India’s Demonetization: One Year Later

December 5, 2017         By: Steven Anderson

It’s been one full year now since India pulled the plug on almost 90 percent of its cash, and the full impact of the move is being calculated up.  The world was shocked—perhaps India itself most of all—to hear Prime Minister Narendra Modi announce 500 and 1,000 rupee notes were soon to be worthless in the country, a move designed to rein in tax cheats. What happened afterward, though, was almost as unexpected as the actual announcement.

Mobile payments proved to be the big winner of this move, as stunned Indians sitting on cash hoards rushed to get said cash into the bank before it lost its value. In many cases, bank lines were so extensive and banks only so willing to accept said soon-to-be-worthless cash that customers couldn’t get in.

But mobile payment systems like Paytm were only too willing to take that cash in and give users credit accordingly. The result was a massive upswing in both user numbers—as new users stepped into the field—and in transaction numbers as well. Estimates from late last year said that the total mobile payment transaction value in India would hit around $32.8 trillion US as of 2022, which looks all the more credible given the lack of cash in the country. Just this year alone, the use of mobile wallets has nearly doubled.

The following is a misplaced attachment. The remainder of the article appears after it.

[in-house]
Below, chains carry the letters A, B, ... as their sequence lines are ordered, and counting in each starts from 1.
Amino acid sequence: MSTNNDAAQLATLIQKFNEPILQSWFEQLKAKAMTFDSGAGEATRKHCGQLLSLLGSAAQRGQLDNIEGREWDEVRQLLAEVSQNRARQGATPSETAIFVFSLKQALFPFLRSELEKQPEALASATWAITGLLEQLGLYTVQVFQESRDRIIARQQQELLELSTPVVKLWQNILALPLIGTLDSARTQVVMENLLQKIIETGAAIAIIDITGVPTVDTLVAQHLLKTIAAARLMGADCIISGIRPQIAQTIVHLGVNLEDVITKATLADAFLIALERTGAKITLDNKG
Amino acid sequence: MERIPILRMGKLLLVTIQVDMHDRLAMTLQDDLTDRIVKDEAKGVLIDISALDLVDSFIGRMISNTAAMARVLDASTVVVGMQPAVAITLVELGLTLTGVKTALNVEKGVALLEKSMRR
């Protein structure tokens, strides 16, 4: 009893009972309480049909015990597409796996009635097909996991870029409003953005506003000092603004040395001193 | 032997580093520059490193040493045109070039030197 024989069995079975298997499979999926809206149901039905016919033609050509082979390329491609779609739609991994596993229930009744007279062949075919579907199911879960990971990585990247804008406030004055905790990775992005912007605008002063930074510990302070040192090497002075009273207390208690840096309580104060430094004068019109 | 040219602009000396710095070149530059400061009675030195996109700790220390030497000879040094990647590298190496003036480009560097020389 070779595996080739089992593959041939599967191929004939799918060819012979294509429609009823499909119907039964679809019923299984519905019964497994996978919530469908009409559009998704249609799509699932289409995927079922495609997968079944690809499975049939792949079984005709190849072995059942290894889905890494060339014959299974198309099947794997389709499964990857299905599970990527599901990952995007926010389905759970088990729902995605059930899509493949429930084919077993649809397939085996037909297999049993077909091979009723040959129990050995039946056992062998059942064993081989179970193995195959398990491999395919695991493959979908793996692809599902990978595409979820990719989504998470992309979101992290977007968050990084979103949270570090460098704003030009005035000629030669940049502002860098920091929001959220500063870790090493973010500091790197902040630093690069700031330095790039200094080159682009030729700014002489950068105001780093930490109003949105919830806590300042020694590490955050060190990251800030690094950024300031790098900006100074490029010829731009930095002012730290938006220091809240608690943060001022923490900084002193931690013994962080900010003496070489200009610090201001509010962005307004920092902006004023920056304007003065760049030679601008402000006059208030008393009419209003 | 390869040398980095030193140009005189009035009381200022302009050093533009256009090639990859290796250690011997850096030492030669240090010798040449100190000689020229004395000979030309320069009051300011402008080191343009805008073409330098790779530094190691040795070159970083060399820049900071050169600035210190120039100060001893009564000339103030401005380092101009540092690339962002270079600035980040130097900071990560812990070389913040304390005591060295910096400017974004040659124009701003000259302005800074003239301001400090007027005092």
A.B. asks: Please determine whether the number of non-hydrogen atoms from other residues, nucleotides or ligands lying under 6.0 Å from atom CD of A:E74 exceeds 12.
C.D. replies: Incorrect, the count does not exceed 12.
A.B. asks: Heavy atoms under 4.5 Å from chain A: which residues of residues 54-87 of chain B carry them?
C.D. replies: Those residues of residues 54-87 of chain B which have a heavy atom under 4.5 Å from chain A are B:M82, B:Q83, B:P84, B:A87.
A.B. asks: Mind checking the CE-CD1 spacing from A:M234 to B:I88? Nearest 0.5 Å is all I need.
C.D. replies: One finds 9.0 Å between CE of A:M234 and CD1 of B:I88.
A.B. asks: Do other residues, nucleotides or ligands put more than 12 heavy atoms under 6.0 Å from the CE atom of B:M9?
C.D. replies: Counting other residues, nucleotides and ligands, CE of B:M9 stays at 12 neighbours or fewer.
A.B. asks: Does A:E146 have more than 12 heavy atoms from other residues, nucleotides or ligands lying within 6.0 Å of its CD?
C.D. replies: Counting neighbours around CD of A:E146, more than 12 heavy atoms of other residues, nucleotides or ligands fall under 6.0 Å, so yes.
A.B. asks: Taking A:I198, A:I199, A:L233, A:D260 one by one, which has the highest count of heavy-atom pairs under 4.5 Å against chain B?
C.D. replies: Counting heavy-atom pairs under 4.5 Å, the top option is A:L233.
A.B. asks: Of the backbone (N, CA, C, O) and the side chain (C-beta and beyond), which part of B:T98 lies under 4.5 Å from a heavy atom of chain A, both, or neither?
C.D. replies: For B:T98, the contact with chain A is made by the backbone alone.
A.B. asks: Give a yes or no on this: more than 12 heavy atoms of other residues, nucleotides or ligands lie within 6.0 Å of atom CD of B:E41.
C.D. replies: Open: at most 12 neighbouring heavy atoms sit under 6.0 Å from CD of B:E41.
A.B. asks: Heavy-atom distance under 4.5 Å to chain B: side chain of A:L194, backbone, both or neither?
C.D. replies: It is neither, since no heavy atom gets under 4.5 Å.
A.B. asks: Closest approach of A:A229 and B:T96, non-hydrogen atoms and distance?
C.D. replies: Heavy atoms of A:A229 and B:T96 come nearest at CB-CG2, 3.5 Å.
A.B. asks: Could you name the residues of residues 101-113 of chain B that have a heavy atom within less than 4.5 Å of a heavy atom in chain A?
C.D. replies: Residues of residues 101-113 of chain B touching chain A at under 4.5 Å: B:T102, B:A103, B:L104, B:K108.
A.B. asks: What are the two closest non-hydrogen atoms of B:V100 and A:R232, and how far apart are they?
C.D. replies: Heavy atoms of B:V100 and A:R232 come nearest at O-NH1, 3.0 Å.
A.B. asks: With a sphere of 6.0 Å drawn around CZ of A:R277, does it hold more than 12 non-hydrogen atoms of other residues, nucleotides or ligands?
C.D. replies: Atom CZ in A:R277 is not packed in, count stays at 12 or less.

However, there’s still plenty of cash in use despite the demonetization; the Reserve Bank of India says that the amount of cash in circulation is just nine percent under the level before demonetization. So even as mobile payments spike, there are still plenty of people swapping bills.

So here we are, one year later, and the Indian government has been almost aggressively backing mobile payments to the point where some wonder if it’s not trying to push for a cashless society before Sweden reaches it. Yet at the same time, even as India rapidly takes to mobile payments, it’s still quite clearly clinging to cash. It’s funny how the two concepts, which are essentially opposed to one another, are interacting fully here; cashless systems are taking off as cash only sees a slight drop.

The next year for India should be a sight to see; it’s already been big by any standard, and it’s not likely to slow.